Horror writer James Herbert died yesterday, 21 March 2013, at the age of 69.
James Herbert was born on 8 April 1943 in the East End of London. His parents operated a fruit stall in Bethnal Green market. Young Mr. Herbert attended St Aloysius Grammar School in Highgate on a scholarship and later Hornsey College of Art. Afterwards he got a job at John Collings, a small advertising agency. He was inspired by one of Renfield's lines from Tod Browning's Dracula ("Rats. Rats. Rats! Thousands! Millions of them!") and his own experience with the animals growing up in the East End of London to write his first novel The Rats. The novel was rejected five times before it was sold to the New English Library for £150 and a 5% royalty. Published in 1974, The Rats met with harsh reviews from many critics, although notably the critic for the Sunday Times thought it was brilliant. Regardless, The Rats proved to be a commercial success and would later be adapted into the film Deadly Eyes (1982).
James Herbert would follow the success of The Rats with his second novel The Fog (unrelated to the John Carpenter novel of the same name). Until 1988 he wrote a novel a year, among which were The Survivor, Fluke, The Spear, The Dark, The Magic Cottage, Sepulchre, and Haunted. . The Survivor, Fluke, and Haunted were all adapted into films. His output slowed following 1988, although he was still quite prolific, writing such novels as Creed, The Ghosts of Sleath, '48, The Secret of Crickley Hall (later adapted by BBC One), and Ash.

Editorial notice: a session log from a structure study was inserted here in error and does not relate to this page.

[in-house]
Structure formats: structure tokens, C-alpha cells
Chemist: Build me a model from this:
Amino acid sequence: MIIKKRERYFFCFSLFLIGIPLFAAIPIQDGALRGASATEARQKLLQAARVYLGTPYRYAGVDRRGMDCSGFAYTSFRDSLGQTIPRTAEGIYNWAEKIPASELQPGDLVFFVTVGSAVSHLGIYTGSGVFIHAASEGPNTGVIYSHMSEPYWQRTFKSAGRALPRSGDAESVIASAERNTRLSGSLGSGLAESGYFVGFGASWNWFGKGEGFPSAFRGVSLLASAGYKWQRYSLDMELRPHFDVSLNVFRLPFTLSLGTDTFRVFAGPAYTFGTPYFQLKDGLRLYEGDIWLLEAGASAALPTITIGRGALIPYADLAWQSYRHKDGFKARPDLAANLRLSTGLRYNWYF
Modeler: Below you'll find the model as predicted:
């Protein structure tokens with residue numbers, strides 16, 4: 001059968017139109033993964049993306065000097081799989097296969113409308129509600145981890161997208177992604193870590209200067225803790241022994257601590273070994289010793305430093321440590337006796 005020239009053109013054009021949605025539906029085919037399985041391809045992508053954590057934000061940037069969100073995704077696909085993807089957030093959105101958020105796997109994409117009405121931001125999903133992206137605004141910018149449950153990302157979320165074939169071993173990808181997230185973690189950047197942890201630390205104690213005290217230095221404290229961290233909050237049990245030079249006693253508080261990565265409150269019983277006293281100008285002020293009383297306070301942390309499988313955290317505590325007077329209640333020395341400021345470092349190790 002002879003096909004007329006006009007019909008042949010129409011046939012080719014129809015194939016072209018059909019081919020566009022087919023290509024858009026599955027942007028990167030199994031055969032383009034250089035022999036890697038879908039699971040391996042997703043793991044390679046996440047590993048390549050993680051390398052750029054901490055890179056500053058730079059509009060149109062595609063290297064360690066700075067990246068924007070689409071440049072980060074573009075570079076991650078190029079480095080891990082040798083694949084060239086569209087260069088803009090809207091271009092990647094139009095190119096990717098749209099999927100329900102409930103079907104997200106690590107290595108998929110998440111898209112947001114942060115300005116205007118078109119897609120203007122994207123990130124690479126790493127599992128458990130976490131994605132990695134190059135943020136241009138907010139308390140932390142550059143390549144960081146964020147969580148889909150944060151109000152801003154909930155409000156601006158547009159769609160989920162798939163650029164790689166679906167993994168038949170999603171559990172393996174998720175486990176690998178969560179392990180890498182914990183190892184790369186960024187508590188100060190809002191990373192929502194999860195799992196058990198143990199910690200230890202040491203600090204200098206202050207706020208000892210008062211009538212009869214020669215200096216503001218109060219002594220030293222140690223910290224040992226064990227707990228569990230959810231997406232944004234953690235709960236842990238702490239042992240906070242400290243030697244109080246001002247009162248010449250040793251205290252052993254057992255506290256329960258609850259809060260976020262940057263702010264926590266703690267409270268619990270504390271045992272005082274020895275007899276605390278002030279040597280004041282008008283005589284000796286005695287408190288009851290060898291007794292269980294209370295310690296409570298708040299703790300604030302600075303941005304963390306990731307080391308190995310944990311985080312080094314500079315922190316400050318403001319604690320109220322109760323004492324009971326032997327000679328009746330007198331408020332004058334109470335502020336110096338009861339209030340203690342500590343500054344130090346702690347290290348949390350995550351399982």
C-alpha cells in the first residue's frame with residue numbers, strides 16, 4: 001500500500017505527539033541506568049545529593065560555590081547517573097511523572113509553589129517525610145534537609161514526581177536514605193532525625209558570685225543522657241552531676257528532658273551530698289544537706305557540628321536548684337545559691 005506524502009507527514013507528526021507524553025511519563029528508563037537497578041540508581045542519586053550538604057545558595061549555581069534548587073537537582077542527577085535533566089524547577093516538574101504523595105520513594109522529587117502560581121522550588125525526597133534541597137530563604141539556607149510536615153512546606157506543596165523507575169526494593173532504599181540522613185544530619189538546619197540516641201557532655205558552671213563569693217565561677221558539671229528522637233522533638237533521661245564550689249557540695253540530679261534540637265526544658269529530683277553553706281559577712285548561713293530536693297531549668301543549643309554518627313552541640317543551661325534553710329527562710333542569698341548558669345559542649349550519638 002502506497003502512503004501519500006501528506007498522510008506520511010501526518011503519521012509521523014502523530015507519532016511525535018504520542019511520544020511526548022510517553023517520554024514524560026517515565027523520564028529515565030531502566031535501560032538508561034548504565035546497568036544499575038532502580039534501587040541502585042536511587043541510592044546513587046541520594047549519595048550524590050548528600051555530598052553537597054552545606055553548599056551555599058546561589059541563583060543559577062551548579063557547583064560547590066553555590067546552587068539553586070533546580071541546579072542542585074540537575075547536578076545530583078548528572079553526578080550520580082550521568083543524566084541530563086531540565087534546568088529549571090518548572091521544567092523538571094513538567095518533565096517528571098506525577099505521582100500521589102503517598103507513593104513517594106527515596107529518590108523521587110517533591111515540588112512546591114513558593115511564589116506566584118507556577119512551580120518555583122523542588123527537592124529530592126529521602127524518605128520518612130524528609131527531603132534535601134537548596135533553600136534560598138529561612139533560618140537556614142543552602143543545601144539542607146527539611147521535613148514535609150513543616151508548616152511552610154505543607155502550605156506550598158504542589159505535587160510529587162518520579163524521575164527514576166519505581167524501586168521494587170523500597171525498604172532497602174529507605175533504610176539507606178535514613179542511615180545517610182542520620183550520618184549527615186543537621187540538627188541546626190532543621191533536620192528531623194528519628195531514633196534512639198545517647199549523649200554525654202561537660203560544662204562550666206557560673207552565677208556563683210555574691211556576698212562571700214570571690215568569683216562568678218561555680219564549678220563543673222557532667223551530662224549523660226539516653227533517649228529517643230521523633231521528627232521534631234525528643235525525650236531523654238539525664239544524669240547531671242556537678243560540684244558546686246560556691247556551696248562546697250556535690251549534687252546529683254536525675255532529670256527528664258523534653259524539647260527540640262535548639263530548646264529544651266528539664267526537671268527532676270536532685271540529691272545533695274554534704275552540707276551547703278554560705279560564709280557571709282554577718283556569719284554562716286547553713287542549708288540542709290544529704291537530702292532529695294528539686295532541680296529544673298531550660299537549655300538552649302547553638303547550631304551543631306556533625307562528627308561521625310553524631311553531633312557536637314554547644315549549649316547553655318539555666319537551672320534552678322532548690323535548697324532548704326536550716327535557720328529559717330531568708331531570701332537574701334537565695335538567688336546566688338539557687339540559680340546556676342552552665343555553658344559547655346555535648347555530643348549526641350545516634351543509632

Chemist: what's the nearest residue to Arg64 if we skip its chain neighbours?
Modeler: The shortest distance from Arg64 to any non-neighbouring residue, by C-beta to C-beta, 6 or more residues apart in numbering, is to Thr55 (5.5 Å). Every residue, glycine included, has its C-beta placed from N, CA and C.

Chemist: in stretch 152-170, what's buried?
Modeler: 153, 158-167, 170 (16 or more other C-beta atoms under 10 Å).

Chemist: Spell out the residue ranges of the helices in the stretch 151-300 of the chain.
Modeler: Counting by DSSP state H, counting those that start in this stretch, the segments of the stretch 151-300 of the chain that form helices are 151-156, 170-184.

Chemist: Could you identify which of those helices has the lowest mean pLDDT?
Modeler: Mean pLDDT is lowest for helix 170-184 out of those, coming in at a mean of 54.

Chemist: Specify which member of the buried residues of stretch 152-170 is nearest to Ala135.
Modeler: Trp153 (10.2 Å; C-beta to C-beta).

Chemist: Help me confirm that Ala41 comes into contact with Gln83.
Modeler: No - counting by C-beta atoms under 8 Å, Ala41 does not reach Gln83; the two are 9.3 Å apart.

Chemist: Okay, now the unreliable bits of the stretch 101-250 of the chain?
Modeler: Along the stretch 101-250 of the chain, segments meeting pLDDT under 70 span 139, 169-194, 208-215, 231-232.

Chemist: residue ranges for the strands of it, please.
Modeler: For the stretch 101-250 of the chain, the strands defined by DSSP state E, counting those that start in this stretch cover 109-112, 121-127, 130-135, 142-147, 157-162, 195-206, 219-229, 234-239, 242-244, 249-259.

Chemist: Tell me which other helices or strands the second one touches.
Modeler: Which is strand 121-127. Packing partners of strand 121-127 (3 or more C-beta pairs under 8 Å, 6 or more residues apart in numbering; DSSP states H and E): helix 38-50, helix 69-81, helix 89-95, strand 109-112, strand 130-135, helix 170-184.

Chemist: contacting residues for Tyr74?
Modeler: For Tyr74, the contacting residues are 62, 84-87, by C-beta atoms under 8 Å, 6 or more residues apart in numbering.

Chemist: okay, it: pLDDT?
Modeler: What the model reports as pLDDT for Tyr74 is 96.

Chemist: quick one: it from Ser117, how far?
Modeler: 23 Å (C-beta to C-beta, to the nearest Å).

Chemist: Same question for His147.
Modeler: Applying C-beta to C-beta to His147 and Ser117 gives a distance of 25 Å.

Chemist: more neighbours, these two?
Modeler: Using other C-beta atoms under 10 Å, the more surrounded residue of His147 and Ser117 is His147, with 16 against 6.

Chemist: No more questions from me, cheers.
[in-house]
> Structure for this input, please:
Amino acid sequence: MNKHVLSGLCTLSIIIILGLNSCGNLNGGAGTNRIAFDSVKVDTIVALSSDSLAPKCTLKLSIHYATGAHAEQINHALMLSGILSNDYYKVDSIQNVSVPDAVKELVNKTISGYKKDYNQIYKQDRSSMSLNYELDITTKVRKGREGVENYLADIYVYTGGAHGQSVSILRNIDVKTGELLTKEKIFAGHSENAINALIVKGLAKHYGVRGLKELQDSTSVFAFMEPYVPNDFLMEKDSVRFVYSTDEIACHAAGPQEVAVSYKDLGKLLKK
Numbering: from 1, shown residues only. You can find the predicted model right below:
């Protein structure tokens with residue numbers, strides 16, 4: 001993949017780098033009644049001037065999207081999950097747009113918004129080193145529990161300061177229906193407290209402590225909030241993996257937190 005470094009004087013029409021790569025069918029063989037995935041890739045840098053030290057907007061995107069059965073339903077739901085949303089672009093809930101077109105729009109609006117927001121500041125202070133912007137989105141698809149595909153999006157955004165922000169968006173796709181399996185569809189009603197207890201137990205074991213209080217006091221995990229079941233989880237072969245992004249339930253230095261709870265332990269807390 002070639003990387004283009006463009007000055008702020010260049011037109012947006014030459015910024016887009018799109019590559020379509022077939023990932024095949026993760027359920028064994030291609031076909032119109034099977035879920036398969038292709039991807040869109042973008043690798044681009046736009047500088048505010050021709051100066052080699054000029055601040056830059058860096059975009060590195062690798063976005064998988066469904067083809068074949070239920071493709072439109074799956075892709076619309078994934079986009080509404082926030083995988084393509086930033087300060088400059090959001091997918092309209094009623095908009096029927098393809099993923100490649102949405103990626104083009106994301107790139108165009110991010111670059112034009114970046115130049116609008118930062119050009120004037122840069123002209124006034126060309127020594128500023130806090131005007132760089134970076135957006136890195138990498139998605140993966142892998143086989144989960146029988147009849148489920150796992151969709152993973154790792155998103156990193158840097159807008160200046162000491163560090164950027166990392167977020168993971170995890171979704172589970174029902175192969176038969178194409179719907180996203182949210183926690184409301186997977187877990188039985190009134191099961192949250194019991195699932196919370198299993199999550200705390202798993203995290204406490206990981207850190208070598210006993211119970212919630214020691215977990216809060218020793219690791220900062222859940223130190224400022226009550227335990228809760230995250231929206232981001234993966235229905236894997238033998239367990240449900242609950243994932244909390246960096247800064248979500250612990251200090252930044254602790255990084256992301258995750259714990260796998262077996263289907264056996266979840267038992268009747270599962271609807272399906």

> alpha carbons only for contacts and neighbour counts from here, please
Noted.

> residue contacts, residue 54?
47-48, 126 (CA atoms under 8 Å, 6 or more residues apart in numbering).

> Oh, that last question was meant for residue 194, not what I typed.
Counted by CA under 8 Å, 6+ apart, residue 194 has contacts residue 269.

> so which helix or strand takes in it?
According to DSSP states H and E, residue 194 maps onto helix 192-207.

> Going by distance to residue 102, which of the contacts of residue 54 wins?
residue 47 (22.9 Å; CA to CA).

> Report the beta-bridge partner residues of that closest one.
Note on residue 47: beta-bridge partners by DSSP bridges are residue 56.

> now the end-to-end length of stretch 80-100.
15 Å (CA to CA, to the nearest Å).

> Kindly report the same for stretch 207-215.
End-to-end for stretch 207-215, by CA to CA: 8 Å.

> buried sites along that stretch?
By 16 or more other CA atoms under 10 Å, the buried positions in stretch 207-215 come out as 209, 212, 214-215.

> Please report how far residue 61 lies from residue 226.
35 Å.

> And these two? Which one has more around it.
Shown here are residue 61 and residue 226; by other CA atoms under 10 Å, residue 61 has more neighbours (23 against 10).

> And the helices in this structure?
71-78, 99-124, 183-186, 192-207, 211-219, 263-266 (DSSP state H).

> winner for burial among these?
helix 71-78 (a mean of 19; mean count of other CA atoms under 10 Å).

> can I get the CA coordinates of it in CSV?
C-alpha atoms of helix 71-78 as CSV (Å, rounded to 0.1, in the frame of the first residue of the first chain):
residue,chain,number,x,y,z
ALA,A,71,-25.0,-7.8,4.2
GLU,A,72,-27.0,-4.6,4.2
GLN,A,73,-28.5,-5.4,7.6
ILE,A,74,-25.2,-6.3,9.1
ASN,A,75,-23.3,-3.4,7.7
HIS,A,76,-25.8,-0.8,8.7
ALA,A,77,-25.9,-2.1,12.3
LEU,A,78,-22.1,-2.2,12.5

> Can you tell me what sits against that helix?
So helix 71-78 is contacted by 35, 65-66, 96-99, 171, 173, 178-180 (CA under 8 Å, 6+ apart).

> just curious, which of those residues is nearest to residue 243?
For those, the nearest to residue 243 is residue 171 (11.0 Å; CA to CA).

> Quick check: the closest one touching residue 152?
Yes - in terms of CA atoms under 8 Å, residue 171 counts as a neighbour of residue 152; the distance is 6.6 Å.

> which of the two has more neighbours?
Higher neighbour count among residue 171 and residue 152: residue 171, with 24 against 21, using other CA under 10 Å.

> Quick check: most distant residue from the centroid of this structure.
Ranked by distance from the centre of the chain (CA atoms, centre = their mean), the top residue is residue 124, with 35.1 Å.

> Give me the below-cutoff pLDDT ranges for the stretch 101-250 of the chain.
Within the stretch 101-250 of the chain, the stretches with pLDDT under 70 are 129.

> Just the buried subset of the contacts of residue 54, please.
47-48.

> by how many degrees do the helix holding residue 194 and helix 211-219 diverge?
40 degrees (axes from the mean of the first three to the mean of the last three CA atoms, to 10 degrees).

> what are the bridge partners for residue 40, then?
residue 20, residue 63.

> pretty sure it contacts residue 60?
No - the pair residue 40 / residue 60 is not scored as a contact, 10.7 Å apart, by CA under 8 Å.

James Herbert was often described as "the British Stephen King," while Mr. King himself compared him to The Sex Pistols, once writing, "If The Rats, with its scenes of gruesome horror and its blasted East End landscape, is not a literary version of Anarchy in the UK, what is?" My late best friend Brian and I had a slight different take on James Herbert--he was the British horror equivalent of American pulp adventures novels, with scenes of horror rather than action occurring every ten to twenty pages.
In truth James Herbert was actually much more than any of these things. He was a writer with a brisk, nearly minimal, easy to read style who often explored social themes in his work. In The Rats Mr. Herbert touched upon life in the East End of post-War London. '48 examined extremely right wing politics and the use of propaganda. The Secret of Crickley Hall looked at the nature of religious zealotry. And while James Herbert was often described as a horror writer, his work actually crossed several genres. '48 was a alternate history science fiction. Both Sepulchre and Portent could be counted as thrillers.With Creed Mr. Herbert even delved into comedy. Common to all of his novels was the fact that they dealt with ordinary, everyday people. While traditional British horror concentrated on the upper class, James Herbert's protagonists belonged to the working class more often than not. James Herbert took British horror and not only modernised it, but he made it much more democratic.